Alternative to meeting minutes

I hate taking meeting minutes.

Minutes are the instant written record of a meeting. They typically describe what happens in a meeting, include a list of attendees, key topics discussed, points raised on those topics, and resolutions (if any) on those topics. Sounds easy enough doesn’t it? So why do people hate being the one who takes minutes? In my experience, it is very difficult to take minutes objectively and participate in the discussion at the same time. It also takes time after the meeting to take the minutes and distribute them. To top it off, there is a feeling that this is a useless duty because to know that few people read them.

So my recommendation is to change the concept of minutes to one that people are willing and even eager to read. Unless you need traditional minutes for legal purposes, consider the following alternative to meeting minutes.

What do people want to know about a meeting? Basically, people worry about the decisions that are made in the meeting and what will happen next. Therefore, create a “Board of Decisions”. This is a flip chart that captures each agenda item (a short statement or headline, not a paragraph) and the decisions made on that topic. For instance:

Agenda item # 1: Marketing a new product Decision: Identify the appropriate target audience for this product and schedule three focus groups with them. Prototype exhibition. It should be finished in 60 days from now. Peg will spearhead this effort.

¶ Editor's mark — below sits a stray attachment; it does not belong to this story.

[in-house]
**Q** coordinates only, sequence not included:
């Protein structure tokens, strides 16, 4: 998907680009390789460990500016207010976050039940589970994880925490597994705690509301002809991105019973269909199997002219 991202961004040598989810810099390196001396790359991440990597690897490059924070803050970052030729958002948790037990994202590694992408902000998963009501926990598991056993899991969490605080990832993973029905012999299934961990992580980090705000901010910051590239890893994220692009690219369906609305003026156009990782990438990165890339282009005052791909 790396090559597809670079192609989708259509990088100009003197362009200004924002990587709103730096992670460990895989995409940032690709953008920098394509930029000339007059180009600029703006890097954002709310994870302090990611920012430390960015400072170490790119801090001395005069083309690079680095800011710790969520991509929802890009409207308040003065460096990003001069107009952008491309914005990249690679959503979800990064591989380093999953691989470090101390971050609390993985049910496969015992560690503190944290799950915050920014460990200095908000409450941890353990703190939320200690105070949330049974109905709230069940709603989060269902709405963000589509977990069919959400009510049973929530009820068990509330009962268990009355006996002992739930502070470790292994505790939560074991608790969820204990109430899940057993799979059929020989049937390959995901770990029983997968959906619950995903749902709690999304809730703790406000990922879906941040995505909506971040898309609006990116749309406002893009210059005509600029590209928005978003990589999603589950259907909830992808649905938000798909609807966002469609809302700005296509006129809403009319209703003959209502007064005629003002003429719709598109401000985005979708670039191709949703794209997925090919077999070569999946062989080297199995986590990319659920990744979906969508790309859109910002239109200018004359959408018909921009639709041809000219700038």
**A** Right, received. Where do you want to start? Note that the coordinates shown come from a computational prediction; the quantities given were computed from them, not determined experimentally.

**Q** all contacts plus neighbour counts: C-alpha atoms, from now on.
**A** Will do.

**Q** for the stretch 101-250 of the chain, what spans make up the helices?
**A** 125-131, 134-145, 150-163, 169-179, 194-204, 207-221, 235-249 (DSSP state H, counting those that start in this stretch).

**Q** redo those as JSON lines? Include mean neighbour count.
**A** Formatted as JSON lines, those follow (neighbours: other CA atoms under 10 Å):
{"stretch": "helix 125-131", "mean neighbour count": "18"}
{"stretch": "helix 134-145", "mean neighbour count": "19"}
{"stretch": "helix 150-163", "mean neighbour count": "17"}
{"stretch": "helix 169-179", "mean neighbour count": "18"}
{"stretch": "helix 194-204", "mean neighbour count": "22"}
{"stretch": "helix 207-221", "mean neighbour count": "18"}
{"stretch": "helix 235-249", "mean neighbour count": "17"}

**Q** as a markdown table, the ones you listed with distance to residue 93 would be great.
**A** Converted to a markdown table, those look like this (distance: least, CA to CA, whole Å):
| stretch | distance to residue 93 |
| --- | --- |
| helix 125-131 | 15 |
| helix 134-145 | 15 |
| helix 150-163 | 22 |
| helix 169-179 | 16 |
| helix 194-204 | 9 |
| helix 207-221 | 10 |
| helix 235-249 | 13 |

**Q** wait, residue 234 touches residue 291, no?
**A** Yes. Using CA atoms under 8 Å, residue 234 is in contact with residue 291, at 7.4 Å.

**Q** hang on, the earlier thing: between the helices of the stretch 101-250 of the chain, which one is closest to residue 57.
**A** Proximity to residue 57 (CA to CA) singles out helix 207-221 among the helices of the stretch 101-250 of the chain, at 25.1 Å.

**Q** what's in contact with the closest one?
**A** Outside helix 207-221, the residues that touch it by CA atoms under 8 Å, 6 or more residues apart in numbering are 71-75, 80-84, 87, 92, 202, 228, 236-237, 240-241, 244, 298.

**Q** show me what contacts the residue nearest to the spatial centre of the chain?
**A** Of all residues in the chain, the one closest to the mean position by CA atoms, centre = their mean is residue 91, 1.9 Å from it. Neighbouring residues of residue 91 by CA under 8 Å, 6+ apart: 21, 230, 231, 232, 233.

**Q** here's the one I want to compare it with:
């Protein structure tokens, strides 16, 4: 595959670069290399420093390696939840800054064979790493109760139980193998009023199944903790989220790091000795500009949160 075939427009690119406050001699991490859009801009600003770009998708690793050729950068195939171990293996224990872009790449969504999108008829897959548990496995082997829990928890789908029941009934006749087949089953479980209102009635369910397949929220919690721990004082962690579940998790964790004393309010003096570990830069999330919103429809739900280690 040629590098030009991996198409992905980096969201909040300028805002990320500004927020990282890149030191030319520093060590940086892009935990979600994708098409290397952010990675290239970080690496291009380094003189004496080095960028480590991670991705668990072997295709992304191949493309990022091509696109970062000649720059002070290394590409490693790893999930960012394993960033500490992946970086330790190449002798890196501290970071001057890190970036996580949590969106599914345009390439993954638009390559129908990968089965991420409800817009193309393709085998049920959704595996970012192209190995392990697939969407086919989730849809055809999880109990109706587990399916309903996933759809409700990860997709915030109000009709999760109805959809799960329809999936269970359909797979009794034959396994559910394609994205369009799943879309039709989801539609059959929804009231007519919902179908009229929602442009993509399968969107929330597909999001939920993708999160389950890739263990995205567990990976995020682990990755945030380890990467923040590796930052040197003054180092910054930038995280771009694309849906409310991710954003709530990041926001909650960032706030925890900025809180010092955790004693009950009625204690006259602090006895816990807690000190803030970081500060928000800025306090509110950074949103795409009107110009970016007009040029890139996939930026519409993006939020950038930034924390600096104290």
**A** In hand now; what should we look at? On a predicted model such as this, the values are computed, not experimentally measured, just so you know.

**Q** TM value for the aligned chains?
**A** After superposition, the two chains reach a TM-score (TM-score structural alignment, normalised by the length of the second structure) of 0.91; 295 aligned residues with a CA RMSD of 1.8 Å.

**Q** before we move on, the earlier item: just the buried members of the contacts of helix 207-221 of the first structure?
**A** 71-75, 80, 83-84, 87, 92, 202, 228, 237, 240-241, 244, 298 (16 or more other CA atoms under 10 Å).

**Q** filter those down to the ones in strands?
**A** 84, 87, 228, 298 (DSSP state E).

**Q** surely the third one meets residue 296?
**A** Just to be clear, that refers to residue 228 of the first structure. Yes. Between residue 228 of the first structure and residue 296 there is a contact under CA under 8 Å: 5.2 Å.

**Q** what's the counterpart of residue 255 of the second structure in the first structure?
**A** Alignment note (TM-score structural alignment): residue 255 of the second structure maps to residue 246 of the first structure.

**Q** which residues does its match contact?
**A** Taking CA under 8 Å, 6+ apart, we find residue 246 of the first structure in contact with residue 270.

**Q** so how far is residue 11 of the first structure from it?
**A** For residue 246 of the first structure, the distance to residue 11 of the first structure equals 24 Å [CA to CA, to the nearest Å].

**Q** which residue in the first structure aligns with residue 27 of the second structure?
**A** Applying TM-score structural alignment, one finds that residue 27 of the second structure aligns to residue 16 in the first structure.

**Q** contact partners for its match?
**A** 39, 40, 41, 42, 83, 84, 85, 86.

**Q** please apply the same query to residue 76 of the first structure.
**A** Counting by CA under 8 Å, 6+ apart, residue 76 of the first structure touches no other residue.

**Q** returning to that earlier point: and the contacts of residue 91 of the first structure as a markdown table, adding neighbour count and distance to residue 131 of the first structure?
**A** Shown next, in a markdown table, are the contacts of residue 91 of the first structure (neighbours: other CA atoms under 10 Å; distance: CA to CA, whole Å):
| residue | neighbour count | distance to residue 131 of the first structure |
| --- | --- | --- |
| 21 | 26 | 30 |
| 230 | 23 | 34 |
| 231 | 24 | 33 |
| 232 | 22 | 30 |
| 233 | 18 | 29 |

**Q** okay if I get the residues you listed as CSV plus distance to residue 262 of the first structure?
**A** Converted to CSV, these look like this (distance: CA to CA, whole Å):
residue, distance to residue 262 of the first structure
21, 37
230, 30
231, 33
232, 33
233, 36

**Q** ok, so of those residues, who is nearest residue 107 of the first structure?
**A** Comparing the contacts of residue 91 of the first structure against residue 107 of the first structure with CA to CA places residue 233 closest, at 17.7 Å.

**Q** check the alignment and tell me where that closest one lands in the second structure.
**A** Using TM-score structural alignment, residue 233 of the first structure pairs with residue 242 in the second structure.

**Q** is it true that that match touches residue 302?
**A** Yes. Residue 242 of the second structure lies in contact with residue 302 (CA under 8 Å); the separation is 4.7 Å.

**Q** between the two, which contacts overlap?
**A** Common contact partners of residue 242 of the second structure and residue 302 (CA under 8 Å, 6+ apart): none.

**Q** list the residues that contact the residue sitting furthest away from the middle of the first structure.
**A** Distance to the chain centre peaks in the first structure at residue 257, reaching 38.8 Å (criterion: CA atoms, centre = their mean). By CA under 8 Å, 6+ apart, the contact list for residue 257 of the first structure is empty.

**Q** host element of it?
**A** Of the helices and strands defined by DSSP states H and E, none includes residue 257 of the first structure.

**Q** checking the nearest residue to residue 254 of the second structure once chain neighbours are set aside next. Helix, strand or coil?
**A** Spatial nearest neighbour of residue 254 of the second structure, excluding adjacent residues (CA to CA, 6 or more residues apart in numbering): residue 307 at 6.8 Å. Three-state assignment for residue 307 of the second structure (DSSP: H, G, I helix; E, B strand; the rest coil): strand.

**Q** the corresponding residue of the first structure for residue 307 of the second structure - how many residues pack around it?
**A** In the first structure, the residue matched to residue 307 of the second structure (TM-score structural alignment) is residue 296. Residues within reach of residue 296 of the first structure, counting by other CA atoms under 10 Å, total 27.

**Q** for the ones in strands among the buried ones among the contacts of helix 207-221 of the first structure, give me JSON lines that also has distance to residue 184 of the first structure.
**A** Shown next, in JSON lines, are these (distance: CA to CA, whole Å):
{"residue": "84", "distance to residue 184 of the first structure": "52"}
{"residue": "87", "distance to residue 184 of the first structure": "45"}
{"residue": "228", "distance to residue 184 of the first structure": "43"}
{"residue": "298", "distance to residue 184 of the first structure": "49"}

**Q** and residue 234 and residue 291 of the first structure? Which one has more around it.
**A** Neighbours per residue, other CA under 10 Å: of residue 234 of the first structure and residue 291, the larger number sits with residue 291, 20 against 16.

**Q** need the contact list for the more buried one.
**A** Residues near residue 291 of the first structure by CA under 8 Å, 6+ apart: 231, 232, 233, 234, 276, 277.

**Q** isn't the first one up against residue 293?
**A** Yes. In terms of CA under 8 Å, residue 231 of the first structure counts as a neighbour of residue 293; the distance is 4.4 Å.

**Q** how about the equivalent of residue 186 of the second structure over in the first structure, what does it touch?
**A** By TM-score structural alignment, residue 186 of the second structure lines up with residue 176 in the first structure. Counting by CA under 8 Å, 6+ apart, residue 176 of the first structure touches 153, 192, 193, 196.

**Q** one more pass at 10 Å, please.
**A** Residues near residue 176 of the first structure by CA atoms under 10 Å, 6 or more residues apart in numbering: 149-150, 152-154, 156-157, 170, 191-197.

This captures the end result of any discussion you have had. This contains what happened at the meeting so that anyone who did not attend will know what will happen.

Note: A Decision Board may also include a decision to postpone making a final decision until the next meeting.

For instance, Agenda item 2: Budget reductions Decision: No decision was made. Everyone should review their estimated expenses through the end of the year and report this number at the next meeting on November 1 for further discussion.

The value of holding a Decision Board is that it reminds the group of what was decided and provides members with a focused set of instant minutes.

I recommend that the Decision Board be typed and sent after the meeting as a reminder of what was accomplished. It’s quick and easy to review for both attendees and those who weren’t at the meeting.

Therefore, creating a decision board as an alternative to meeting minutes will improve participation and create more effective meetings.

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